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Bowel Polyps: detection and treatment strategies

Bowel Polyps: Detection and Treatment

Bowel polyps or ‘colon polyps’ refer to small growths of tissue on the wall of the colon or rectum. There are two primary types of growths known as adenomas and hyperplastic polyps. Adenomas may result in cancer if they aren’t detected and removed.

Medical professionals recognise the risk these polyps present and recommend frequent checkups, especially since these may not cause any noticeable symptoms. Patients can develop more than one polyp.

This blog identifies the medical procedures used to detect bowel polyps and different treatment options available. Patients over the age of 50 should undertake regular screenings to ensure that the presence of bowel polyps does not lead to cancer.

Detection and diagnosis of colonic polyps

There are many methods used to detect the presence of bowel polyps. These are done with the view of removing these growths and preventing them from becoming cancerous. If detected early, the chances of recovery are high.


This is the primary test used by gastroenterologist specialists to detect colonic polyps and diagnose bowel cancer. A long, flexible tube with a camera is inserted into the patient’s body and is used to examine the entirety of the large bowel.

As a part of this procedure, polyps may be removed or a sample of tissue (biopsy) may be obtained for further medical testing.

CT colonography

The Computed Tomography Colonography is a virtual colonoscopy, which uses X-ray equipment to examine the large intestine for polyps or cancer. A tube is inserted inside the rectum to allow for inflation with gas while CT images of the colon and the rectum are captured.

Flexible sigmoidoscopy

A sigmoidoscopy or flexible sigmoidoscopy is a procedure that allows medical professionals to examine the sigmoid colon, using a flexible tube that’s attached to a light. This helps to check for polyps, abnormal cell growth, and ulcers.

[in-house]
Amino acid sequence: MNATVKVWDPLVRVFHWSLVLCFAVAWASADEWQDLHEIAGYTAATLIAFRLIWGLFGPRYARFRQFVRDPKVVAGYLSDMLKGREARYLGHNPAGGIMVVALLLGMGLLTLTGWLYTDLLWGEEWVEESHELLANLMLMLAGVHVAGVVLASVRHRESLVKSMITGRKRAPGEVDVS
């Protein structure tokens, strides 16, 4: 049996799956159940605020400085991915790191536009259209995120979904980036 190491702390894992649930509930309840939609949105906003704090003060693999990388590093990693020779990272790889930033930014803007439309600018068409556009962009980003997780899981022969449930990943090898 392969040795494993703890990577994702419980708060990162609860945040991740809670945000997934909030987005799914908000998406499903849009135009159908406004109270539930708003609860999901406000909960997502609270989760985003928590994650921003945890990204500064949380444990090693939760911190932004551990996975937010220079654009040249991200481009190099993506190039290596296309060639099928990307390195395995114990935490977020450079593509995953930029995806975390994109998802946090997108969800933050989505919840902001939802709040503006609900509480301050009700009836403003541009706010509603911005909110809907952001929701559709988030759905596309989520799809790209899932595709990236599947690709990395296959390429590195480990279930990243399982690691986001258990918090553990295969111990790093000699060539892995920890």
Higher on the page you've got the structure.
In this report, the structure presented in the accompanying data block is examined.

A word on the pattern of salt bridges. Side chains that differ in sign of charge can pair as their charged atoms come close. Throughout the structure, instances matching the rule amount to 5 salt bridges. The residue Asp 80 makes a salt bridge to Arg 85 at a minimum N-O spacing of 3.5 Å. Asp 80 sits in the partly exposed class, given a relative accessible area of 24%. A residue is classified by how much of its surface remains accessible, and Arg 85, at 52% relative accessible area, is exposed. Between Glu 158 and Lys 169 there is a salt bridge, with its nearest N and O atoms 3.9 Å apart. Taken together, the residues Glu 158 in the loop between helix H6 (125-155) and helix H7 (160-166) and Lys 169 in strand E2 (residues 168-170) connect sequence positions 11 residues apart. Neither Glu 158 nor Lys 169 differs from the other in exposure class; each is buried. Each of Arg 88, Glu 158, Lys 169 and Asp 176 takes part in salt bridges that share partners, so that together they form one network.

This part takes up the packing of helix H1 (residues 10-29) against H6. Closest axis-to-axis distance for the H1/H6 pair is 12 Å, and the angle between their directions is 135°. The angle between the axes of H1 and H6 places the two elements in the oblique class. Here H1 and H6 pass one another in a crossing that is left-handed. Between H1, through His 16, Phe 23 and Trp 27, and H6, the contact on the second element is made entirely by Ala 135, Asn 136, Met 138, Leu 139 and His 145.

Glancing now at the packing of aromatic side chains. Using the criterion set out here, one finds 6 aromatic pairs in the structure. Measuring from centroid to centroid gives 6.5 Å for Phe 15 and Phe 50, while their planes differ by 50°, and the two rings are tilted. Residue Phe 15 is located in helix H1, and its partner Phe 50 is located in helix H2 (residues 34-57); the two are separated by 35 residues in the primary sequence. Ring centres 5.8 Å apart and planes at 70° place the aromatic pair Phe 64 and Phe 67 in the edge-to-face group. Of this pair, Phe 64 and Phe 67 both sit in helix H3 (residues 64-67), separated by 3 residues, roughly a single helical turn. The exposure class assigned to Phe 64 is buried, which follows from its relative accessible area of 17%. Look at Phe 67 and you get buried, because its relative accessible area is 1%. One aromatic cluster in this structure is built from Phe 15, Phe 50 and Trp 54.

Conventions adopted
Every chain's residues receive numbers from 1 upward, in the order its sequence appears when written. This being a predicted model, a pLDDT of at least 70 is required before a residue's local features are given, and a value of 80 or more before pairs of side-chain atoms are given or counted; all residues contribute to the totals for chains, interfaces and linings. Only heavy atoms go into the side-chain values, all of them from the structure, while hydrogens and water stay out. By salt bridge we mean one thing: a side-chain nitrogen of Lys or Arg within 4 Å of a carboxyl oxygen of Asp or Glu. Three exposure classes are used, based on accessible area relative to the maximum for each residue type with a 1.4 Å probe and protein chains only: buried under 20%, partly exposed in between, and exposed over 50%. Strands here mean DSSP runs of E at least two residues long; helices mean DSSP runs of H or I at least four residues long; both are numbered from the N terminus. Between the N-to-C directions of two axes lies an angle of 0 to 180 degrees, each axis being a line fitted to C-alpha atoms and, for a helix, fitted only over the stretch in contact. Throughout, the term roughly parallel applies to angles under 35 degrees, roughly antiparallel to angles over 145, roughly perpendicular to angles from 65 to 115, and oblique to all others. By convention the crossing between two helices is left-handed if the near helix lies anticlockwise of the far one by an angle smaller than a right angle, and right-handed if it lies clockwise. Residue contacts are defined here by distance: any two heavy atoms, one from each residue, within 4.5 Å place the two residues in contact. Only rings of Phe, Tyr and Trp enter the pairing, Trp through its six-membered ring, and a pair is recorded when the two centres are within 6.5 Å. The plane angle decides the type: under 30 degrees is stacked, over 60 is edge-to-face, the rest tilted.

If a polyp is detected, a colonoscopy is required to examine the remainder of the colon and to remove the polyps.


High-sensitivity Faecal Occult Blood Tests (FOBT) detect blood in stool that cannot be detected visually. There are various types of this test available to gastroenterologists, including gFOBT and FIT or iFOBT.

According to certain studies, if the gFOBT is performed annually or every other year for individuals between the ages of 50 to 80 years, this can reduce the number of deaths caused by bowel or colorectal cancer by 15%-33%.

Treatment of colonic polyps


This procedure refers to the removal of polyps with forceps or a wire loop. If a particular polyp is too large, a liquid may be injected under it to lift it and isolate the polyp from the surrounding tissue so that it can be removed.


Polyps that are too large or can’t be removed without complications may be removed through a laparoscopy. Here, an instrument called a laparoscope is inserted through the abdominal wall to resect the part of the colon with the polyp.

Colon and rectum removal

For patients who have inherited rare medical conditions such as FAP, surgery may be needed to remove the colon and rectum.

The detection and treatment of bowel polyps is crucial for long-term wellbeing

Bowel cancer is the second-most common type of cancer in Australia. Bowel polyps play a major role in causing this condition in otherwise healthy individuals.

Those over the age of 50 must take the necessary precautions to get themselves tested in order to prevent a similar fate. In this process, consulting trained gastroenterologist specialists, who can diagnose and treat bowel polyps, can lead to better outcomes.